A number of experimental fan-in-wing aircraft were evaluated in the USA during the late 1950s and throughout much of the 1960s.

The Avro Canada Avrocar, commissioned by the USA, was intended to be a technology demonstrator for a supersonic VTOL aircraft. It featured a single central fan in a circular flying wing, with engine thrust directed rearwards for forward flight. It underwent trials between 1958 and 1961 but, due to its unstable "flying saucer" aerodynamics and lower than expected thrust, never flew out of ground effect. The Verticraft verticar of 1961 was a similar single-fan, directed-thrust, all-wing (or lifting body) aircraft, of conventional but very low-aspect-ratio wing planform. It failed to fly. A tandem-fan version was proposed but never built.[5] By contrast the Ryan XV-5 Vertifan of 1964 was an otherwise conventional delta-wing jet. It had a large fan in each wing and a third, smaller fan in the nose to provide balance in pitch. It was more successful, with one of the two prototypes flying until 1971.

The Vanguard C2 and C2D Omniplane had two fans side by side, with one in each wing. It underwent tethered trials between 1959 and 1962 but never flew untethered. In the late 1960s NASA conducted wind tunnel experiments on a series of larger aircraft designs using different numbers of fans in the wings.[6]

Beginning with a one-sixth scale model in 1962, Paul Moller has been experimenting with the flying saucer configuration ever since. All have had a central cockpit but have varied between a single lift fan surrounding the cockpit, twin fans behind the cockpit or, more recently, eight individual fans distributed around it. Some examples such as the XM-2 of 1965 have been able to hover within ground effect. The artificially stabilised M200X was re-engined in 1989 and can fly out of ground effect, but has not entered production.[7]

Several projects were announced in 2010 and 2011. The Ray passenger aircraft had four fans arranged approximately in a square, similarly to a quadrotor, with a small fan in front of a larger one behind it in each wing.[8][9][10] The Lockheed Martin VARIOUS was a multi-role military UAV with twin fans side by side, one in each wing.[11][12] The Northrop MUVR ship-to-shore resupply aircraft similarly had a fan in each wing.[13] Unlike these the Anglo-Italian AgustaWestland Project Zero hybrid tiltrotor/fan-in-wing unmanned technology demonstrator was actually built and flew successfully in 2011. It has side by side twin fans which can rotate into a vertical plane to act as propellers in forward flight, while still located within the wing structure.

List of fan-in-wing aircraft[edit]

Type Country Date Role Status Description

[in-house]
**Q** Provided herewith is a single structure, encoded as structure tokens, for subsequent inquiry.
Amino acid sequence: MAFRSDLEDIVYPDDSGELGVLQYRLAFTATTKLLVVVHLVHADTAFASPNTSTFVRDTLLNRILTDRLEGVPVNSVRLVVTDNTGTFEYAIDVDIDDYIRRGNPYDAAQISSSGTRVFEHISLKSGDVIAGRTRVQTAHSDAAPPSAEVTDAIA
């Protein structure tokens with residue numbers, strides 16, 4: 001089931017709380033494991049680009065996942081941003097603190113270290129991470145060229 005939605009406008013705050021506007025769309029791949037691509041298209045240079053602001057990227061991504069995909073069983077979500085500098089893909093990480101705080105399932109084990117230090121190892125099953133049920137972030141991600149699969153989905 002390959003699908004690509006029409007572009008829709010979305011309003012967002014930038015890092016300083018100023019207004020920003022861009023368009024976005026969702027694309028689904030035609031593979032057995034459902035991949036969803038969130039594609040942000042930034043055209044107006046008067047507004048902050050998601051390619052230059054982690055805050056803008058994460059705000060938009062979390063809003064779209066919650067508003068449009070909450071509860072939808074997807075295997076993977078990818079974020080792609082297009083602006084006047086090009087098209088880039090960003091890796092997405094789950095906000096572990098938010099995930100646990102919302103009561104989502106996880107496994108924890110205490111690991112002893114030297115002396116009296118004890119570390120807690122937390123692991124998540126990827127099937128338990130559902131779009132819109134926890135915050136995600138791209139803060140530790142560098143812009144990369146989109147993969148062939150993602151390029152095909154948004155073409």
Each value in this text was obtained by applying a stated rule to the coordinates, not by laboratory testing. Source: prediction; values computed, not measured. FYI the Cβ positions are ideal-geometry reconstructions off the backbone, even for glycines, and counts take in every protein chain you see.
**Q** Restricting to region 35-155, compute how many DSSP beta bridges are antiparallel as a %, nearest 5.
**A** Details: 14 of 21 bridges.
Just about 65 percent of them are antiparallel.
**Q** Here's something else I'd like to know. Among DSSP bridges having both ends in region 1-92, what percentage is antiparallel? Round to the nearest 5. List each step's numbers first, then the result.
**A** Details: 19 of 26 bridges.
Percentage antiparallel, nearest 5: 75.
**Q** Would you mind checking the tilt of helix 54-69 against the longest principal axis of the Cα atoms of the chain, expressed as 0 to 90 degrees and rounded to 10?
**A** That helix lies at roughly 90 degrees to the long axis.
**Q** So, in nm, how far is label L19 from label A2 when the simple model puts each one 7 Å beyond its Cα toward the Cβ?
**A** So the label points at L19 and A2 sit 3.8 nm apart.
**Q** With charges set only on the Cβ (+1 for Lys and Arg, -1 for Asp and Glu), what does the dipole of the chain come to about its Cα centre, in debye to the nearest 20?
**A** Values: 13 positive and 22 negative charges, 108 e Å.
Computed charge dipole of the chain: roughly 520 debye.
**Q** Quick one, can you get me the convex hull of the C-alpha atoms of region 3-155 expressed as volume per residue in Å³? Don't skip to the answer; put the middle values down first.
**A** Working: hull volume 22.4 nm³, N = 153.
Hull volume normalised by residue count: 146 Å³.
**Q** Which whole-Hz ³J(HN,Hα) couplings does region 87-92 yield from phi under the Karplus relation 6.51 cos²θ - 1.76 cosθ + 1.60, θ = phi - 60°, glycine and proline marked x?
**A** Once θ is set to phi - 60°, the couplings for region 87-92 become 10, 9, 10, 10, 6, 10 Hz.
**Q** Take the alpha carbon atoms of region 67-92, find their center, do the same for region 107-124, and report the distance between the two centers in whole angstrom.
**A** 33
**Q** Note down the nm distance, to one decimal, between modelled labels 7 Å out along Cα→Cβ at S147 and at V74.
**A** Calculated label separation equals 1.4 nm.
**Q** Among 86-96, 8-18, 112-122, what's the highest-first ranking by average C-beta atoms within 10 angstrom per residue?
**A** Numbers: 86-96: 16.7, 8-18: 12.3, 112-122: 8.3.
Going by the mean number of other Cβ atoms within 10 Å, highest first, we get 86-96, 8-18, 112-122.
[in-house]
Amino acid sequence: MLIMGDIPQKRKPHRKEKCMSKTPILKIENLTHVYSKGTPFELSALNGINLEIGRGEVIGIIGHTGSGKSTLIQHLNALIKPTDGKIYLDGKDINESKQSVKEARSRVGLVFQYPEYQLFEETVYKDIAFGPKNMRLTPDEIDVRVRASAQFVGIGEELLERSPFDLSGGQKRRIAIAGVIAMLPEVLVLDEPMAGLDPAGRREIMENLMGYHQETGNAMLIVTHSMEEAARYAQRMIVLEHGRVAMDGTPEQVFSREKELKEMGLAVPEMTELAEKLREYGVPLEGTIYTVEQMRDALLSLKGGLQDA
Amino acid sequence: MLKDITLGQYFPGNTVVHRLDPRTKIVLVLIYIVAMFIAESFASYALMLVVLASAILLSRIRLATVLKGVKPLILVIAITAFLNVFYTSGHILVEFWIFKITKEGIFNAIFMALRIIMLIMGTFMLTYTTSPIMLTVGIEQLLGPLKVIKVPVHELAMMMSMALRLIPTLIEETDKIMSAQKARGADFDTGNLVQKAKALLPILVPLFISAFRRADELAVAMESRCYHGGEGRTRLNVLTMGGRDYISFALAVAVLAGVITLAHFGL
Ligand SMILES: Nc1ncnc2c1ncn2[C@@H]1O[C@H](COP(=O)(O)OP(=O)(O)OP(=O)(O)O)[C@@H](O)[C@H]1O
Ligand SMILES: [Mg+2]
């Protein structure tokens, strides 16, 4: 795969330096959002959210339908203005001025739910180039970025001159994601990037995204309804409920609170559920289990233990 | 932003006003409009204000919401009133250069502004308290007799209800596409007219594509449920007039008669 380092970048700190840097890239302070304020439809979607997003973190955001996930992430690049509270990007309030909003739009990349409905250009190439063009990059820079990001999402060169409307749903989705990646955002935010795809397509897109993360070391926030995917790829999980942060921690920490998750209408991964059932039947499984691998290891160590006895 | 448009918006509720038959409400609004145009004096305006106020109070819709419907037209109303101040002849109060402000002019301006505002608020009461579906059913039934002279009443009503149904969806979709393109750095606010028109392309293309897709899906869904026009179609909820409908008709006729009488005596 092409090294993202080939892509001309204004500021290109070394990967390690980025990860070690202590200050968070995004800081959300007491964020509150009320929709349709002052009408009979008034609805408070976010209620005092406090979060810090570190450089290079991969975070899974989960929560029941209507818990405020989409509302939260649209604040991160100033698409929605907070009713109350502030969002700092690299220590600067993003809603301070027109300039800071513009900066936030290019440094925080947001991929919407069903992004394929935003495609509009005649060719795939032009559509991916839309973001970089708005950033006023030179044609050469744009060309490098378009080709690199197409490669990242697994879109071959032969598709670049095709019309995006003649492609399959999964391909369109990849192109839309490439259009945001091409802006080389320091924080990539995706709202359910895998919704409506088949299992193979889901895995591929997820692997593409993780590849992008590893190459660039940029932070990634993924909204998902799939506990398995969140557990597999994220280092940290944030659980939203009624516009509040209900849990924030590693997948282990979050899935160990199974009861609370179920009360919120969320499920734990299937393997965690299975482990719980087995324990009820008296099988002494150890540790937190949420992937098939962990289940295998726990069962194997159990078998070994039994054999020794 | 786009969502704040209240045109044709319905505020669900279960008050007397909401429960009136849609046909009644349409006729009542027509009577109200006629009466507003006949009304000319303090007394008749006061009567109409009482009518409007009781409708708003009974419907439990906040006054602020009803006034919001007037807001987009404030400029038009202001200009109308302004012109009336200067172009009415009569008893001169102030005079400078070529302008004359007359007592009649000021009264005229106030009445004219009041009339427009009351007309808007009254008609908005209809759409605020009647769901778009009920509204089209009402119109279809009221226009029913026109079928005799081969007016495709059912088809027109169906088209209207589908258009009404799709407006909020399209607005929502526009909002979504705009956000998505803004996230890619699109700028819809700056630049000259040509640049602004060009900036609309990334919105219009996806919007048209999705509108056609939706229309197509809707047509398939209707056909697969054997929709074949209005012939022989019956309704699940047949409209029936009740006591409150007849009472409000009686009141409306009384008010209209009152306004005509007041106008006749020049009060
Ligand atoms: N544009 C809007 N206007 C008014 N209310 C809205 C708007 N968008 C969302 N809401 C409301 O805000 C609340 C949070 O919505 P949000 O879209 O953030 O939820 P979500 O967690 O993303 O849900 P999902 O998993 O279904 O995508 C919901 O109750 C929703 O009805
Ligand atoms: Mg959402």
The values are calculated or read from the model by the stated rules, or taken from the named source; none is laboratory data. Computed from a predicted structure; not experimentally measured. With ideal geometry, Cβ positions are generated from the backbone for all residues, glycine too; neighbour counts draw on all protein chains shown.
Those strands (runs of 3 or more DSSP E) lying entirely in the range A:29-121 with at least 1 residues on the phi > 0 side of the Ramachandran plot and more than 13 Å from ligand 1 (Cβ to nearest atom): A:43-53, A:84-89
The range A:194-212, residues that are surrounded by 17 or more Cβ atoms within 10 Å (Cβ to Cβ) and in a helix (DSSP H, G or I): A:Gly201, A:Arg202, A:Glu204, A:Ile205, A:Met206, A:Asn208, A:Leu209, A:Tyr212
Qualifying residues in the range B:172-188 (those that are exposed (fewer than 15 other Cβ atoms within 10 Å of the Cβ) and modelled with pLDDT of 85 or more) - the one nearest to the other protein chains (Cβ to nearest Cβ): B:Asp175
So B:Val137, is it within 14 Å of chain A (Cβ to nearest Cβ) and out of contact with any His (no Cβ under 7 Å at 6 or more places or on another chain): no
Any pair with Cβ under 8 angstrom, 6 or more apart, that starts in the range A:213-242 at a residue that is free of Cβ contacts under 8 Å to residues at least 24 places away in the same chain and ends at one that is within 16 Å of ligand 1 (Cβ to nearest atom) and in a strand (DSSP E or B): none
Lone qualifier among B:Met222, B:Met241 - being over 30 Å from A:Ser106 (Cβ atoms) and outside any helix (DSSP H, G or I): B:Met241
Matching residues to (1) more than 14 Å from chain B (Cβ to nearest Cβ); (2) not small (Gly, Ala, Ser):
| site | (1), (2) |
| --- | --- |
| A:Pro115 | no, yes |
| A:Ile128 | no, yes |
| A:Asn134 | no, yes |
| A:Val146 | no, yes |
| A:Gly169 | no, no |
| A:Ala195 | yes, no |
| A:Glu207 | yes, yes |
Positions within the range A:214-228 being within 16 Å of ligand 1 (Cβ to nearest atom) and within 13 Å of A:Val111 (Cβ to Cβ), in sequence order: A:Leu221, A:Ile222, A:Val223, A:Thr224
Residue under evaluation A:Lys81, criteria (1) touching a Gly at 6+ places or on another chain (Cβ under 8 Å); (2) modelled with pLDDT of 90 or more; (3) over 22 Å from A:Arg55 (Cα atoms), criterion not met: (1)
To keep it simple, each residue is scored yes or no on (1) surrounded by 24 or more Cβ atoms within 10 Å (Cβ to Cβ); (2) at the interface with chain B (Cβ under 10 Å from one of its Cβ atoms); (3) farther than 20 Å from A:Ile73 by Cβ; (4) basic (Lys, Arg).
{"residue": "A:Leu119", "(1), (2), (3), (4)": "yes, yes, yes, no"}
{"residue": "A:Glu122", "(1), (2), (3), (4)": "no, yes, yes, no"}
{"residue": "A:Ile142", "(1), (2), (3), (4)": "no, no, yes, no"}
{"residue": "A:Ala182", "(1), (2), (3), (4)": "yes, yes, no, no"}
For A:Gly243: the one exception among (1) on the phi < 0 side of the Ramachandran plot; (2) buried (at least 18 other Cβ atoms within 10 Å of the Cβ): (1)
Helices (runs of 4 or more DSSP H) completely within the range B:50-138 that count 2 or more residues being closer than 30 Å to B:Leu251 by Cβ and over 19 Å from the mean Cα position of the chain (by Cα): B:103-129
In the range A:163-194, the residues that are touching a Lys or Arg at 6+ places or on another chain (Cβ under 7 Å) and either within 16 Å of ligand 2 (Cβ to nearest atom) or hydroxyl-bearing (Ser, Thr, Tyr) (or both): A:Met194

AgustaWestland Project Zero Italy/United Kingdom 2011 Experimental Prototype Twin tiltrotor/fans. Hybrid tiltrotor/fan-in-wing unmanned technology demonstrator.
Avro Canada VZ-9 Avrocar Canada 1958 Experimental Prototype Single central fan in circular "flying saucer" wing. 2 examples flown. Trials 1958–61, never flew out of ground effect
Lockheed Martin VARIOUS USA 2010 Project Twin fans. Multi-role UAV.[11][12]
Moller M200X Volantor USA 1989 Experimental Prototype Eight fans in circular "flying saucer" wing.
NASA wind tunnel test models USA 1967 Transport Project Various designs.[6]
Northrop MUVR USA 2011 Project Twin fans. Ship-to-shore resupply aircraft.[13]
Ray 2010 Project Four unequal-size fans.[8][9][10]
Ryan XV-5 Vertifan USA 1964 Experimental Prototype Three unequal-size fans. 2 examples built. One of these flew until 1971.
Vanguard C2 and C2D Omniplane 1959 Experimental Prototype Twin fans. Tethered trials 1959–62.
Verticraft Verticar USA 1961 Experimental Project Single fan in flying wing/lifting body. Single prototype failed to fly.[5]

Vectored thrust[edit]

Main article: vectored thrust

The Harrier Jump Jet covers a series of a military VSTOL jet aircraft. It is capable of vertical/short takeoff and landing (V/STOL) and is the only truly successful design of this type from the many that arose in the 1960s. These aircraft are capable of operating from small spaces, such as fields, roads, and aviation-capable ships. The F-35 Lightning II version B is proposed as the next military VSTOL in order to replace the Harrier.

Lift jets[edit]

Main article: Lift jet

A Lift jet is a lightweight jet engine used to provide vertical thrust for VTOL operation, and is then shut down in forward flight. Some VTOL designs have used both vectored thrust from the main engine together with auxiliary lift jets.

Helicopter-airship compound[edit]

Piasecki Helicopter developed the Piasecki PA-97 Helistat using the rotor systems from four obsolete helicopters and a surplus Navy blimp, in order to provide a capability to lift heavier loads than a single helicopter could provide. The aircraft suffered a fatal accident during a test flight. In 2008, Boeing and SkyHook International resurrected the concept and announced a proposed design of the SkyHook JHL-40.


See also[edit]


  1. ^ Federal Aviation Regulations Part 1 www.faa.gov
  2. ^ "Osprey Pilots Receive First FAA Powered Lift Ratings", www.boeing.com, 21 August 1997. 1999 Archive
  3. ^ "VTOL Design Problems." Flight. periodical. 18 October 1957. Retrieved on 22 October 2009.
  4. ^ Posva, neuhaus, Wilhelm and Leyland, Design and aerodynamic considerations about the civil VTOL aircraft Ray [1]
  5. ^ a b Retro Mechanix (retrieved 11 March 2014 )
  6. ^ a b [2]
  7. ^ IFO picture library - Moller's Skycars
  8. ^ a b Ray Research
  9. ^ a b On Fans and Wings - Switzerland's VTOL Ray, Aviation Week, 2010
  10. ^ a b AeroRevue, "Ray" - new life for Vertical Takeoff Aircraft (English translation from German) [3]
  11. ^ a b Lockheed Martin: VARIOUS
  12. ^ a b Lockheed VARIOUS UCAV concept
  13. ^ a b Wraps Off Northrop's Fan-in-Wing MUVR, Aviation Week, 2011